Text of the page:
A survey published last month found evidence of alarming levels of sexual violence (towards 26% of women and 6% of men) in the course of fieldwork by life scientists (see Nature http://doi.org/t3n; 2014). Meanwhile, more than 50 US higher-education institutions are under investigation for their handling of complaints of such incidents. As a rape survivor and scientist, I suggest measures that could help to counteract this situation.

Scientific research organizations should draw up professional codes of ethics, akin to those of the Modern Language Association of America and the American Historical Association, with explicit provisions that denounce sexual harassment and discrimination on the basis of race, gender or sexual orientation.

A national framework that academic, industrial and government institutions could sign or adapt would be an important step. Such proactive strategies would prevent interference with the core work of researchers. In the United Kingdom, for example, the Athena SWAN Charter outlines a series of best practices to further and protect women's careers (see go.nature.com/mkxlr8).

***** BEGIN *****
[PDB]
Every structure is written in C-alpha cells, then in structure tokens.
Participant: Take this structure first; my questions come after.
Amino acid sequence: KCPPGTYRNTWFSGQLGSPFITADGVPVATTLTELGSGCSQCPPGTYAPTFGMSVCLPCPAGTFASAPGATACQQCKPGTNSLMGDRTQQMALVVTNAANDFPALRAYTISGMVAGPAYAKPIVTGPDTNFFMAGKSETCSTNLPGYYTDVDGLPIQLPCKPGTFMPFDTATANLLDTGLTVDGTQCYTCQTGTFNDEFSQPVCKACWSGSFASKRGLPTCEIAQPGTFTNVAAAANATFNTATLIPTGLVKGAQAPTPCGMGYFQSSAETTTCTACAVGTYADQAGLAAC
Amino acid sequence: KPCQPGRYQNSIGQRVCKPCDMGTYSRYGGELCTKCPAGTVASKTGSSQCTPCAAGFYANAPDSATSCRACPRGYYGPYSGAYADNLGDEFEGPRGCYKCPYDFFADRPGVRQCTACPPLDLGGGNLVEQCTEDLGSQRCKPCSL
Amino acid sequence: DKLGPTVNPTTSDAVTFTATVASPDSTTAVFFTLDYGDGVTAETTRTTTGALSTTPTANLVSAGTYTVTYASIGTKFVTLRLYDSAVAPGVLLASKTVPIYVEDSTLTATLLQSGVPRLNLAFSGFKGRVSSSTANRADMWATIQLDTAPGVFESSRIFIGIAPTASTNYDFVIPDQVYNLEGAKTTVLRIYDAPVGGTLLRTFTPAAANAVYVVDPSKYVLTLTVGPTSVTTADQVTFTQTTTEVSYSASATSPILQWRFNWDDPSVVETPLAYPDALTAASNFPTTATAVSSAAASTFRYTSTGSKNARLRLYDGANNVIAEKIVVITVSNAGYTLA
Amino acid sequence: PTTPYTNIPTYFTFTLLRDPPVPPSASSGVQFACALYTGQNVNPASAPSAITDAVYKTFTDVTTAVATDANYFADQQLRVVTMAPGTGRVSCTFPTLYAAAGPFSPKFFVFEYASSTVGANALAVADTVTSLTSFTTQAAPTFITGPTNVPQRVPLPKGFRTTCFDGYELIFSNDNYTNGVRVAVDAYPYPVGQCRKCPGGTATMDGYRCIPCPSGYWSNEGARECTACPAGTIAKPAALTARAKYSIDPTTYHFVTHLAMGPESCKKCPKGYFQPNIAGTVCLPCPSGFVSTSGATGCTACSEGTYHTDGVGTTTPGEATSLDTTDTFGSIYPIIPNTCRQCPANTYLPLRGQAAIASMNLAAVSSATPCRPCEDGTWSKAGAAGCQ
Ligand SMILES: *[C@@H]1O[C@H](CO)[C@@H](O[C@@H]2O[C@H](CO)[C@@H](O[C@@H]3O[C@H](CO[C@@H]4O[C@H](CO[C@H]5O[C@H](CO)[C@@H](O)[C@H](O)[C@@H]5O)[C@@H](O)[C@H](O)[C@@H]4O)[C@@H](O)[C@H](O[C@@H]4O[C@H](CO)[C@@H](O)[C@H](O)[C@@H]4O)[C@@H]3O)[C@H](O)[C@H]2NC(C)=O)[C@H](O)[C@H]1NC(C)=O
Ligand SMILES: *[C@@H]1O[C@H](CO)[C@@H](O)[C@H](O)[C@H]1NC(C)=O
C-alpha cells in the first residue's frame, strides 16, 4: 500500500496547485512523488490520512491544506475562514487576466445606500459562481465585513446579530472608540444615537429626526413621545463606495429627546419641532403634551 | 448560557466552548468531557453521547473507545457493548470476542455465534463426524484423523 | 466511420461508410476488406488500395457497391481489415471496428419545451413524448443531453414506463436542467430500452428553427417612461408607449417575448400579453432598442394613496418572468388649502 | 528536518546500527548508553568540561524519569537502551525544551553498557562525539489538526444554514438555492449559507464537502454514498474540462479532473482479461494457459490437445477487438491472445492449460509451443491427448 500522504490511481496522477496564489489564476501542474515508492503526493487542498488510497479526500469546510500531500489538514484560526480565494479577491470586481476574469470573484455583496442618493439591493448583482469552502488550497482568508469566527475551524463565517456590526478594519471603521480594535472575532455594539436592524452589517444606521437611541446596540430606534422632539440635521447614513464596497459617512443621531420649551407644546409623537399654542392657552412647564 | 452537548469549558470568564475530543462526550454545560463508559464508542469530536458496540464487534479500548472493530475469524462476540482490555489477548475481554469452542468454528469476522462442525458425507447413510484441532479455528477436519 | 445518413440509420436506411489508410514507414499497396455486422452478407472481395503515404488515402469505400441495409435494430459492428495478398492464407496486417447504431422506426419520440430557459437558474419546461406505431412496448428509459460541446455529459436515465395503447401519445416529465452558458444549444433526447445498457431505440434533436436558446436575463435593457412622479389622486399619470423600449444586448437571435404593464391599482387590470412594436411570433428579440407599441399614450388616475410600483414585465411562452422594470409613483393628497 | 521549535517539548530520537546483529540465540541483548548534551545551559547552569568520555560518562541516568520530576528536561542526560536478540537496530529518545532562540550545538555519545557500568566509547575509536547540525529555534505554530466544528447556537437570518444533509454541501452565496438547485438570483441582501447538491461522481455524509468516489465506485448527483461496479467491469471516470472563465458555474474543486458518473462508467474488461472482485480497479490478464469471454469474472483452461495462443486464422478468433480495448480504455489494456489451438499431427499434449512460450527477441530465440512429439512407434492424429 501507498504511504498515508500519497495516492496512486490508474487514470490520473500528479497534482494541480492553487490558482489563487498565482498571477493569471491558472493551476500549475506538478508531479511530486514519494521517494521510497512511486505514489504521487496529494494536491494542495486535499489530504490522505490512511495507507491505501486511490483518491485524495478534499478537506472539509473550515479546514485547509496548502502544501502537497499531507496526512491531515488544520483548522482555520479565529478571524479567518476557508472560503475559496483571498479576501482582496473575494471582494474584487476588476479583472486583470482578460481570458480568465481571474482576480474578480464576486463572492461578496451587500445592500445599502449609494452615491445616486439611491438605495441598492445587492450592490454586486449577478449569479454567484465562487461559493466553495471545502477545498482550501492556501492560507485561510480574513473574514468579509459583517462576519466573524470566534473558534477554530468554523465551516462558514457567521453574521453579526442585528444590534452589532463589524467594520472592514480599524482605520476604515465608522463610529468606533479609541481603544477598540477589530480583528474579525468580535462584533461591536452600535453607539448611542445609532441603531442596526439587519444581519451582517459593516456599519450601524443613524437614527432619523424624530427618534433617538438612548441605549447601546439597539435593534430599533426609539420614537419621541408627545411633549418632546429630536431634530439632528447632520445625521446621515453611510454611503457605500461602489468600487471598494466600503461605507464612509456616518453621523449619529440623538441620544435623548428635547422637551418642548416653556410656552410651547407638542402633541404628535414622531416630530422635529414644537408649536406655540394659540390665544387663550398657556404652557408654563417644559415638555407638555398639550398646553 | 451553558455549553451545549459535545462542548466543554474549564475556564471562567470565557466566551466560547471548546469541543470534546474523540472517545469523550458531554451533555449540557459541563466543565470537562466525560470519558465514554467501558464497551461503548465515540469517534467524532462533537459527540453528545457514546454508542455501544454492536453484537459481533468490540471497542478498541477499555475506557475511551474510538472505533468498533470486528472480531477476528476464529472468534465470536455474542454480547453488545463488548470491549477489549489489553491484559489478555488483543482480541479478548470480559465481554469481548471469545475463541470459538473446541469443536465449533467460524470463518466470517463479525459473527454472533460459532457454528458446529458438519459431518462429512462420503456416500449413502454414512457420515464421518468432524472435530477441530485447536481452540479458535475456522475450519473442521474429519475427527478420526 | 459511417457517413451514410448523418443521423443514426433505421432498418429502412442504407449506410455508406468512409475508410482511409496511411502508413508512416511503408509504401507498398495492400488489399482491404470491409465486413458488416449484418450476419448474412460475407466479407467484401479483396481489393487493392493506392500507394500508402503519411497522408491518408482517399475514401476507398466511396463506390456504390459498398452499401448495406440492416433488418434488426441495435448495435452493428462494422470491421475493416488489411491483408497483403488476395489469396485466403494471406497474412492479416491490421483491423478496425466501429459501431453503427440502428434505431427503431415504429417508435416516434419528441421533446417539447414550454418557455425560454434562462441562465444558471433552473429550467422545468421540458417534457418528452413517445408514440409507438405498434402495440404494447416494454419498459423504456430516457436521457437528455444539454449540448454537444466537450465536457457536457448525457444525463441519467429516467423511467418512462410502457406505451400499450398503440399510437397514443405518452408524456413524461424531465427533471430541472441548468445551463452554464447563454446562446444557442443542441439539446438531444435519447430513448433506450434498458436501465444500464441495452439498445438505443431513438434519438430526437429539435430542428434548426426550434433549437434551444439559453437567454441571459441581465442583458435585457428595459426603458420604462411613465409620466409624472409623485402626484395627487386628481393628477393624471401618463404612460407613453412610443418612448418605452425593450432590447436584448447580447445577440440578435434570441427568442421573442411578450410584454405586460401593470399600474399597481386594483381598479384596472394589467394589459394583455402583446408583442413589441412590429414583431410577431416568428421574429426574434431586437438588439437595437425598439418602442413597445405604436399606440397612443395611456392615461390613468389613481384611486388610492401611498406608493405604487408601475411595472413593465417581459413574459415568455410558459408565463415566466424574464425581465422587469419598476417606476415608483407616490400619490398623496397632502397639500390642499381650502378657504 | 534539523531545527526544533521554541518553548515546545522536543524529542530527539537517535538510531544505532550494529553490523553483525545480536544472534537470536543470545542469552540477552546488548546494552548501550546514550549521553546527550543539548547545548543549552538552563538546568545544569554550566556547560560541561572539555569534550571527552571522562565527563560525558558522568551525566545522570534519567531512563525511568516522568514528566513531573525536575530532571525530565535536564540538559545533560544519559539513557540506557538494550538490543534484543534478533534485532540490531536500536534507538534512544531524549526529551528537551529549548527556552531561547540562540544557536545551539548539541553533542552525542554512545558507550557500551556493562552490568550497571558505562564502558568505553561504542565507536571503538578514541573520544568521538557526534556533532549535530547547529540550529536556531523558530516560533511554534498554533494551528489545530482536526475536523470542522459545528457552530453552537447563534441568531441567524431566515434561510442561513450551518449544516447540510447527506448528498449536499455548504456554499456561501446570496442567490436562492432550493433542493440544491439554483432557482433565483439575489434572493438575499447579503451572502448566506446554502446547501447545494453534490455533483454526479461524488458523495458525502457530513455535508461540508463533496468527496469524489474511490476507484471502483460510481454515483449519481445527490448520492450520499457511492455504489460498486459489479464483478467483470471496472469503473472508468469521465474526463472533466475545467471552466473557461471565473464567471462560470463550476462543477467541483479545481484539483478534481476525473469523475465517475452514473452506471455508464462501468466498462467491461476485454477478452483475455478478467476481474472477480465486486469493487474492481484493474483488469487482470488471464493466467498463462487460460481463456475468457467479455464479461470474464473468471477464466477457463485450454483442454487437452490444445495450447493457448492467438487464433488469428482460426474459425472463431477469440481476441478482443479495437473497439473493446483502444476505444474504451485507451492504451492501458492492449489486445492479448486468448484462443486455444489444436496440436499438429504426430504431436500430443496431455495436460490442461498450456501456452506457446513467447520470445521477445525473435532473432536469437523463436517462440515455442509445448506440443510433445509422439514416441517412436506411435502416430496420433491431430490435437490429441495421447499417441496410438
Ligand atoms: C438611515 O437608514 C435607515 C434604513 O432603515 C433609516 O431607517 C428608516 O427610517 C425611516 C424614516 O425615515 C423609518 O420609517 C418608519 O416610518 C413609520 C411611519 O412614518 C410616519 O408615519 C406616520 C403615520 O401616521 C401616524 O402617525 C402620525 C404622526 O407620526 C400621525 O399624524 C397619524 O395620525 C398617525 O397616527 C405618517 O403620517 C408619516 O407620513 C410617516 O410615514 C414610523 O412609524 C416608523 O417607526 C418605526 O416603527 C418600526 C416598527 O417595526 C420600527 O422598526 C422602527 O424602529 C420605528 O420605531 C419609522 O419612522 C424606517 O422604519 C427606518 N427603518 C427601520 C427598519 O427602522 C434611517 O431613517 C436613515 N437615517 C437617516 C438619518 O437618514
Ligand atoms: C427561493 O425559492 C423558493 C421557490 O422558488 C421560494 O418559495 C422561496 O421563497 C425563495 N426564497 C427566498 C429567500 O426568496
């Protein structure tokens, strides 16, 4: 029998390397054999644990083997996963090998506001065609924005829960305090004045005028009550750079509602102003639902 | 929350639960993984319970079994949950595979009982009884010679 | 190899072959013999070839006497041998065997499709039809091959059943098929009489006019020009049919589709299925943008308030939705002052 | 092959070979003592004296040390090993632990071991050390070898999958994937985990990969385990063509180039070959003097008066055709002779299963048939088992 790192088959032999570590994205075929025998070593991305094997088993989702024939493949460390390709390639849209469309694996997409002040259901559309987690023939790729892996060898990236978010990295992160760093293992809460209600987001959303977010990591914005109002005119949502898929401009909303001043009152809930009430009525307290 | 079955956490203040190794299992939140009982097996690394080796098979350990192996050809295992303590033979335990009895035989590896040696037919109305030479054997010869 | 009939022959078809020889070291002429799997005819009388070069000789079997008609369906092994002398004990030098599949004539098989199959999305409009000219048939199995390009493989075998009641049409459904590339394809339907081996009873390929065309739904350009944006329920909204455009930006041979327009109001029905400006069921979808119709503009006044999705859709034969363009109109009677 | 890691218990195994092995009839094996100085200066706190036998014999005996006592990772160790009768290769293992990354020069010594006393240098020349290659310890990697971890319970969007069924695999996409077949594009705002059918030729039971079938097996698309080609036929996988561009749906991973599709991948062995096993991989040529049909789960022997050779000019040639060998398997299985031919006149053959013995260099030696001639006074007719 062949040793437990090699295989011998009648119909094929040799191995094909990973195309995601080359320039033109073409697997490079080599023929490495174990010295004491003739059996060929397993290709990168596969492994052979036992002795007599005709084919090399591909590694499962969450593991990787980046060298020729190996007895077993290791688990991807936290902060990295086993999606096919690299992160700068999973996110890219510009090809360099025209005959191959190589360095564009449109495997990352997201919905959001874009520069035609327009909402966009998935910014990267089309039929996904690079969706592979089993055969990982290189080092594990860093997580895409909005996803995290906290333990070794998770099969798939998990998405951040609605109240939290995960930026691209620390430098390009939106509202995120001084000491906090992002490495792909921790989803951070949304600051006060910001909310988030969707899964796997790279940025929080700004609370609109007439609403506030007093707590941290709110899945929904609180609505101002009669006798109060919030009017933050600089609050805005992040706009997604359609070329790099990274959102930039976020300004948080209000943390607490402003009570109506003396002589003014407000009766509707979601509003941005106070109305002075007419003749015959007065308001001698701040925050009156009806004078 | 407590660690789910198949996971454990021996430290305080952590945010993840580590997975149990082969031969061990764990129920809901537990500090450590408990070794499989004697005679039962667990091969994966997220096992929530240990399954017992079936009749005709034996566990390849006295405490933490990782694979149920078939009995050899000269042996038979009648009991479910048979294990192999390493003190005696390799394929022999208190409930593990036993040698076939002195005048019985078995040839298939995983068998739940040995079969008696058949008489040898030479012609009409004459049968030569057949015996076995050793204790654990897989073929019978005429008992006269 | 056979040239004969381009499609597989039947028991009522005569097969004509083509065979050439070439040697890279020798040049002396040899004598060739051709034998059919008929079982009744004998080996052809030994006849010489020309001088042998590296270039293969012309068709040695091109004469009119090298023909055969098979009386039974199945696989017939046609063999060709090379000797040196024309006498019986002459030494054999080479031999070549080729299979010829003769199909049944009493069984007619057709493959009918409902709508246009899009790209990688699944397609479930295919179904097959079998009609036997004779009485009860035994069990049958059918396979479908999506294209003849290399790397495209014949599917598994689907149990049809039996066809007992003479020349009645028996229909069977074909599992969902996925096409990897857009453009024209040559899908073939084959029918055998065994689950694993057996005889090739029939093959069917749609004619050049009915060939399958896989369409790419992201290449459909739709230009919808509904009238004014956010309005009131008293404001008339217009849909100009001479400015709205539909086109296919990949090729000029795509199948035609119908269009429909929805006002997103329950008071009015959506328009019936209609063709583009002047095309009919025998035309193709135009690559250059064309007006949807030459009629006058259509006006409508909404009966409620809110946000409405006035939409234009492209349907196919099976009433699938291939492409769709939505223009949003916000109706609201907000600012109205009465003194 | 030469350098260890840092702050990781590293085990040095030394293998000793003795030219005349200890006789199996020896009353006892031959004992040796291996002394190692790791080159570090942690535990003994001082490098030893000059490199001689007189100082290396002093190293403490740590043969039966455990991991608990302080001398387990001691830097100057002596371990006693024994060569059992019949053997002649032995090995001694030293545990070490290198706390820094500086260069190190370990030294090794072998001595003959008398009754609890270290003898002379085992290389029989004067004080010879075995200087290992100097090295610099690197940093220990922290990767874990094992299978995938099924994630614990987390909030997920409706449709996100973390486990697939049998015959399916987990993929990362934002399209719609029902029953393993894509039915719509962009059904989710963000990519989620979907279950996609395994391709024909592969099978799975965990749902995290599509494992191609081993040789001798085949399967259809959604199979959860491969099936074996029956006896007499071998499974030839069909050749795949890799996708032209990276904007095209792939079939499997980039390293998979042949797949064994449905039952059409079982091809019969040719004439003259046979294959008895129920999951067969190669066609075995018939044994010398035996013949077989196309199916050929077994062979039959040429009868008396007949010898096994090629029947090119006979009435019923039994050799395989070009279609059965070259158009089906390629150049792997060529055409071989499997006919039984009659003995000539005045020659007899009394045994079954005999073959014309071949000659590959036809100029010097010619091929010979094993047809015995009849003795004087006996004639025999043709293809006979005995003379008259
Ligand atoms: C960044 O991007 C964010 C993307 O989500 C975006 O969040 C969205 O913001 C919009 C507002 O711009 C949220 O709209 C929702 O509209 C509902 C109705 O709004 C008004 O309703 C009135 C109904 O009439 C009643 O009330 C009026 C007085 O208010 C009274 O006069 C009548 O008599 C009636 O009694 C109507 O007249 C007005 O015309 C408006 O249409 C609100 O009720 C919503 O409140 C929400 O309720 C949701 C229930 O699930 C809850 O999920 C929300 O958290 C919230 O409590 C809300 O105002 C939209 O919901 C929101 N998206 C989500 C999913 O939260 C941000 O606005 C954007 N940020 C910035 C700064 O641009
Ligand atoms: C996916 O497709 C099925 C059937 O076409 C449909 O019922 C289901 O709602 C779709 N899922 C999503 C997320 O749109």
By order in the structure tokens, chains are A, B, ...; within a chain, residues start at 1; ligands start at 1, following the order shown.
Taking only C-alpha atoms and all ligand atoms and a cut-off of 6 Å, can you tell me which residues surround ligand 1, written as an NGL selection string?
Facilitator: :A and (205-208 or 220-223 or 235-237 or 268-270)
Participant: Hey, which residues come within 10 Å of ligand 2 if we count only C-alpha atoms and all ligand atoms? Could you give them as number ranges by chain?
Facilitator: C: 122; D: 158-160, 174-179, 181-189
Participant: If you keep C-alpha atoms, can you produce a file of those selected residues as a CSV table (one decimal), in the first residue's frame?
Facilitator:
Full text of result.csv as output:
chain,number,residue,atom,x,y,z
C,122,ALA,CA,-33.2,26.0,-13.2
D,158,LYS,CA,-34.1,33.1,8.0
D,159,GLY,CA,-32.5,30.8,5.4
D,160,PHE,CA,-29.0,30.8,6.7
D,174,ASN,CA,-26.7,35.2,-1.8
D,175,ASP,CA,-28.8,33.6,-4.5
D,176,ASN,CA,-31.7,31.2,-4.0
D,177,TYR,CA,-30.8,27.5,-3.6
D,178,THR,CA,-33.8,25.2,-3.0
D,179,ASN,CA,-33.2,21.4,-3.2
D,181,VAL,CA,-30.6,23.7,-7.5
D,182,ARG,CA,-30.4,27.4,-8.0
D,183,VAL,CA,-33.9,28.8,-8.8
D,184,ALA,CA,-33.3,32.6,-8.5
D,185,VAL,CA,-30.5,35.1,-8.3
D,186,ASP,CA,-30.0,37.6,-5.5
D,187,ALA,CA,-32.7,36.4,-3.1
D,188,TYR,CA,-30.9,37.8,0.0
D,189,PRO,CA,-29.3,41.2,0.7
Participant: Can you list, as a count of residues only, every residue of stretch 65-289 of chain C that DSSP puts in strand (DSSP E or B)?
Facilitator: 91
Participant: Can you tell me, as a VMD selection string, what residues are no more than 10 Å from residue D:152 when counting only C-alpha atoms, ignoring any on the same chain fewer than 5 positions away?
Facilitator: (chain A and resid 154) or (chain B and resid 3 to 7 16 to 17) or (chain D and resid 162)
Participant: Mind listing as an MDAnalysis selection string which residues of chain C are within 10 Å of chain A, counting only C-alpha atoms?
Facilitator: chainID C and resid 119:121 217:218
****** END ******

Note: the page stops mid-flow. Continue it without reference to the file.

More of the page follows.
Institutions must make clear the repercussions for students and employees who transgress, and provide a mechanism for consistent enforcement (such as an adjudication committee) that would complement any legal redress.